Fates & Furies is a chaotic and disturbing love story. There’s so much in the past of Lotto and Mathilde that drive their characters. Because of their traumas they go on dark journeys to discover themselves.
While I’m not familiar with greek mythology and theater, I am familiar with artists who are very self involved. I understand Lotto’s struggles in the beginning. His father dies, he has sex for the first time, and his mother drives the girl away. He doesn’t even know she’s alive or that he has child out there somewhere. Then he goes to boarding school where he’s bullied and then essentially raped by his theater teacher.
As an adult he gets very involved with himself, somewhat struggling with his sexuality. In college he’s with a new girl every week it seems. Until he meets Mathilde during his final year. And finding someone to care for him, unlike his mother, he decides to marry her immediately. And of course his mother disapproves.
He’s always the center of attention, which he seems to love since that’s how he started out as a baby being adored by his family. Finally he has somehow earned that adoration again. When he goes off to a writing community and stays for months on end, he draws towards a young pianist who is obsessed with him. He thrives off of being the center of attention, even though the young artist kills himself by walking into a blizzard due to Lotto’s rejection.
However, his self obsession is what truly ends his life. After discovering his wife Mathilde has cheated on him briefly he kills himself. He does not know the whole story, but he does build up a story in his artistic mind, drinks a bottle of vodka, and walks into the ocean to die.
Mathilde is another female character type that I personally enjoy reading about. She’s a child murderer! She doesn’t help her baby brother as he crawls and tumbles down the stairs of her aunt’s house to his death. With her parents disowning her, she goes on to live in her creepy uncle’s mansion. He doesn’t care about her, and then she goes on to college. She then becomes an OG sugar baby. The man gives her money solely for being naked around his home. It pays for her college, but she’s stuck in a life where she can’t be involved in relationships or friendships with anyone else. Until she comes up with a plan to seduce Lotto, which leads to their marriage and cuts ties with her sugar daddy.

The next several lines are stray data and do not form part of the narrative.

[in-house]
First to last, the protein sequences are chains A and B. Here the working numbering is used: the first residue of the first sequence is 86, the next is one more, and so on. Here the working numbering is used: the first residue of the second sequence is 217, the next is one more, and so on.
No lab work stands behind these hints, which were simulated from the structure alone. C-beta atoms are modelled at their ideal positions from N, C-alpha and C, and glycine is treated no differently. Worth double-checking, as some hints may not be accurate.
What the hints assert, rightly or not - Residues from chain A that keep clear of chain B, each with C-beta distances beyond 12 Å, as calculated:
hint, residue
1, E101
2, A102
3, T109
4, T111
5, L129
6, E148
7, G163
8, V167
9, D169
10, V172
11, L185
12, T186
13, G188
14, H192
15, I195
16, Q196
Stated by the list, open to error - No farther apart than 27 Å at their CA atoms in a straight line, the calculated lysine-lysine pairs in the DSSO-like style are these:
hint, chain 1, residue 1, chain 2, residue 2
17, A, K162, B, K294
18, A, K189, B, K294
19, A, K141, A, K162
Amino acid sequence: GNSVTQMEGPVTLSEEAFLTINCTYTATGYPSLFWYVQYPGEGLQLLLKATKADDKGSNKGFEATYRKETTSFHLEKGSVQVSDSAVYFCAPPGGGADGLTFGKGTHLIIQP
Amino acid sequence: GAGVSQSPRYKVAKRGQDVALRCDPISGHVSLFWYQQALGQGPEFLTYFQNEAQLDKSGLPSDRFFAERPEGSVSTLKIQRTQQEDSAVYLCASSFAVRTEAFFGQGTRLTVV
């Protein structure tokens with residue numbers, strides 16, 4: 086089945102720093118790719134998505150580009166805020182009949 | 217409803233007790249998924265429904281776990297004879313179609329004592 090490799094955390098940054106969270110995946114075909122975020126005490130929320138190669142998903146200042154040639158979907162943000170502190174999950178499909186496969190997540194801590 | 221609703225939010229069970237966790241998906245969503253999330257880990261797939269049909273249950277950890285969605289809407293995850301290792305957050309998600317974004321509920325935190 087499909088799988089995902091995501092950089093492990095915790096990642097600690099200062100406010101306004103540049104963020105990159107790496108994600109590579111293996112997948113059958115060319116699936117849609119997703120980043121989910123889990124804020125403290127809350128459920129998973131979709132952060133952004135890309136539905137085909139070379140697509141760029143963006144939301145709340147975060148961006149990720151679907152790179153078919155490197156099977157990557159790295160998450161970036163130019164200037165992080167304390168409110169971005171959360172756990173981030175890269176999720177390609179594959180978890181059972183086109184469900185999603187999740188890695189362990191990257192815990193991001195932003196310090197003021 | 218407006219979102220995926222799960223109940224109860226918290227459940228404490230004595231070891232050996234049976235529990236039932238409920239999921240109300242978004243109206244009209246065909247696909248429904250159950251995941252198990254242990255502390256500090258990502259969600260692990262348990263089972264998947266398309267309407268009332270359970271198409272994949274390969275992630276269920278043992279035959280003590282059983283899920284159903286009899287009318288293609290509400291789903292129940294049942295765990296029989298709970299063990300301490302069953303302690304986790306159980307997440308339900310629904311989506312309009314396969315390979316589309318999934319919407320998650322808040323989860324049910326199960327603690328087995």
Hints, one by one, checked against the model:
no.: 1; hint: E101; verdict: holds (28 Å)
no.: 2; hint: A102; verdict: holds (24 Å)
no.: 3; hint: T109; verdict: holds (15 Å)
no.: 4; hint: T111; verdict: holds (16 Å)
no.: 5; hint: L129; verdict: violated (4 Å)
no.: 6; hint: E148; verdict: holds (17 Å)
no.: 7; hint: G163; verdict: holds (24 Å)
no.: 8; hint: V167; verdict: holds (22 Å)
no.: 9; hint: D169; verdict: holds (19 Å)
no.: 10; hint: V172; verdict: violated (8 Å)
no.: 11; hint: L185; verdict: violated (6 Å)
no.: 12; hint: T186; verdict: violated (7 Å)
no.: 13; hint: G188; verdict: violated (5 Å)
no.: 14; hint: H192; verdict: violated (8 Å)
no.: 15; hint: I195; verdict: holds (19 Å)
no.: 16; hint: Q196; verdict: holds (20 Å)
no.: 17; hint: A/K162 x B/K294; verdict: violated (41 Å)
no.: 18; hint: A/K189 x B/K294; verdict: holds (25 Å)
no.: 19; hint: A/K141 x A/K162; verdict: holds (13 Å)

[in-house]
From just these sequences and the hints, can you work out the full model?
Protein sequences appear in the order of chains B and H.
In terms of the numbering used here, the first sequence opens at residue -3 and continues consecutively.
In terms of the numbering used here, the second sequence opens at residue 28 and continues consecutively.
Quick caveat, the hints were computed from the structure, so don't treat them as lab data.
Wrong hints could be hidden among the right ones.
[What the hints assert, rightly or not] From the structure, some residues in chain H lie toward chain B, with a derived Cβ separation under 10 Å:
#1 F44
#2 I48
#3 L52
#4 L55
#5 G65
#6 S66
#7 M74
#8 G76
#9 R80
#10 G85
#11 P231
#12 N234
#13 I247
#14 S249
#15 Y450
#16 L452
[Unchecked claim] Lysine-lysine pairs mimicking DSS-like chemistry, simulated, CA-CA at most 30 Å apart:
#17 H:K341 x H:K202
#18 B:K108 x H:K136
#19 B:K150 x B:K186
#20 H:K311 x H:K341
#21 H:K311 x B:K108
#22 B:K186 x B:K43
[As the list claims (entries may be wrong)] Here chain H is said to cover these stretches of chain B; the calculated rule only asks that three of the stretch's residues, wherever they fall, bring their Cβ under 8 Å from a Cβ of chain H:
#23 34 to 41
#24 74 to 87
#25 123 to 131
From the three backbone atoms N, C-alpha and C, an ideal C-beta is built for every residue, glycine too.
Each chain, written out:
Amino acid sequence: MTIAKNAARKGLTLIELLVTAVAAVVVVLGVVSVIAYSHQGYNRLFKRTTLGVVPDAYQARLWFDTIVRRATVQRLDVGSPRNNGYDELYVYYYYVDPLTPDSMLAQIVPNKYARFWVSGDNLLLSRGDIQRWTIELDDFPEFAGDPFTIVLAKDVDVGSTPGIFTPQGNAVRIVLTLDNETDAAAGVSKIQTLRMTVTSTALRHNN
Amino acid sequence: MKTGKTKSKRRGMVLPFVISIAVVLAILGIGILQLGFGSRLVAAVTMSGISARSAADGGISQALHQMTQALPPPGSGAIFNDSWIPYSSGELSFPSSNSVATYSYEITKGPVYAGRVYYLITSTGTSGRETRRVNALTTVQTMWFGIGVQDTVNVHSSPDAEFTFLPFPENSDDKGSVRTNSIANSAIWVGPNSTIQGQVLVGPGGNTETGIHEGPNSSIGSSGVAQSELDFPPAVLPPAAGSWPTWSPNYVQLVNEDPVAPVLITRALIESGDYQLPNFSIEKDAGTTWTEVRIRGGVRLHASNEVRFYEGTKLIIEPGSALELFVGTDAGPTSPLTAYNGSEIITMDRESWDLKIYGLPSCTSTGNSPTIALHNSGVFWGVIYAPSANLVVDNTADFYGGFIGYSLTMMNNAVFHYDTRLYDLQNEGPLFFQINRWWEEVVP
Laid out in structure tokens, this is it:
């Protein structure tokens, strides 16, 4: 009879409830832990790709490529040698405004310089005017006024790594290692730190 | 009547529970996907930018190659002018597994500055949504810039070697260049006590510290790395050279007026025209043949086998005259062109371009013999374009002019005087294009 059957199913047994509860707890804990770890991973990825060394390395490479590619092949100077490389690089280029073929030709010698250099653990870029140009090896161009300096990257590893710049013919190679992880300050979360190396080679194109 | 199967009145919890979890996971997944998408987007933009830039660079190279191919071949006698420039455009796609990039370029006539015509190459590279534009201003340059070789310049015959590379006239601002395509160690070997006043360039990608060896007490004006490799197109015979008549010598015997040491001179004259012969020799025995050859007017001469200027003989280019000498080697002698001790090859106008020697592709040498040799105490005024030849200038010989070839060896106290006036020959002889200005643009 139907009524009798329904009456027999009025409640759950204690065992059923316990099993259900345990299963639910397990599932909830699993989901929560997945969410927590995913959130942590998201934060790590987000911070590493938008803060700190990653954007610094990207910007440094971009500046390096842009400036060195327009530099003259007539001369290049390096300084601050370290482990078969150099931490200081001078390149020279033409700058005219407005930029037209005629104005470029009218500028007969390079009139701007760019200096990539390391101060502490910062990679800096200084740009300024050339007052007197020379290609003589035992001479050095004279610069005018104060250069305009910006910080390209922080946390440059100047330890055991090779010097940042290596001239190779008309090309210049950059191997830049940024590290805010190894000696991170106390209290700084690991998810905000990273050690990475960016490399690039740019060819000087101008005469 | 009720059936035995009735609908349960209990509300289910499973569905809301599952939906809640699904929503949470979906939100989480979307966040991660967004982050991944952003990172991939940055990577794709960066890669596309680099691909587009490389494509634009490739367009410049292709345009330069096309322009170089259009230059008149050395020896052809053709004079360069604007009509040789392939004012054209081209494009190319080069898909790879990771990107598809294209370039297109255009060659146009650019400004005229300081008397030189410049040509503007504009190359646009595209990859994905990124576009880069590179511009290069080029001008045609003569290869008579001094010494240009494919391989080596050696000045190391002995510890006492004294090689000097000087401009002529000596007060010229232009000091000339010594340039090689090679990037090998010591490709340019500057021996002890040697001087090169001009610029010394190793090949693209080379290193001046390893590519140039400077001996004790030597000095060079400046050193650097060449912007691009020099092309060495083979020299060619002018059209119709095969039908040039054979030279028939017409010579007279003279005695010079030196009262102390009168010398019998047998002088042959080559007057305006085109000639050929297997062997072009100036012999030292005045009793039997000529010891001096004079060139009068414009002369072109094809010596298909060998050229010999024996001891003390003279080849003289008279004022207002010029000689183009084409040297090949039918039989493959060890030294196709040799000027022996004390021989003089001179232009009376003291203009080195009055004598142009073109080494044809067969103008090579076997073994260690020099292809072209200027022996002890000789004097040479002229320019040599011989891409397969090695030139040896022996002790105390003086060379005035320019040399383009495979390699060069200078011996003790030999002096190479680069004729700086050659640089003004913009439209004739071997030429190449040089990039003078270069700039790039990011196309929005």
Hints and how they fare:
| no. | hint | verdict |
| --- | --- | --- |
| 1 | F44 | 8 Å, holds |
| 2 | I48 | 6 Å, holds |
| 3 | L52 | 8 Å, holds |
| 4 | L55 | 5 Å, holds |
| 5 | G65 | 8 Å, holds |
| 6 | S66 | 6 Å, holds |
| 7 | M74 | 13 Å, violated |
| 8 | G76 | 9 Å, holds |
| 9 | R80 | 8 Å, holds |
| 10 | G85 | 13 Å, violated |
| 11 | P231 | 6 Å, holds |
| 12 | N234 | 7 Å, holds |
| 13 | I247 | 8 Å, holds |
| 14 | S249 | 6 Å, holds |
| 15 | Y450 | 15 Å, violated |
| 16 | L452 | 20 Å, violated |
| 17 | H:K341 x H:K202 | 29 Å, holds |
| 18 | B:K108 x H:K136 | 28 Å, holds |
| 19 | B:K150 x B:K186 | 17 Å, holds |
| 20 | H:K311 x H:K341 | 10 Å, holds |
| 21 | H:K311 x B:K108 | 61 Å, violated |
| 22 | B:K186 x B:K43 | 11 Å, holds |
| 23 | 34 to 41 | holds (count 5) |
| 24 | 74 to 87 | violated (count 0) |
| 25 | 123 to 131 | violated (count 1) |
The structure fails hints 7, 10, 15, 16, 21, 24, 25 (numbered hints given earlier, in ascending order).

Mathilde is the one who builds up Lotto’s writing success. She edits, changing things for him, making him think it was his own idea. She’s manipulative, but out of her own caring place.
While I believe she truly loves Lotto, she’s still extremely unhappy. After Lotto kills himself, she goes on to have relations with younger men as she grows older, yet still beautiful. She goes on to find Lotto’s son, who tries to sleep with her, but never leads to anything except her seeing another glimpse of her dead lover.
For this book, I’ve paired chapagne, vodka, and lemon juice to create a poor man’s bougie lemon drop. Just choose the cheapest champagne, such as Cooks, and a cheap vodka that makes you feel like you are a poor artist living in a basement. You will also need the juice of half a lemon.
Pour 1 oz of vodka into a champagne flute, or any other glass you have on hand, then squeeze in half lemon. Top the whole thing off with champagne and pretend you’re writing the best manuscript of your life. But you probably aren’t.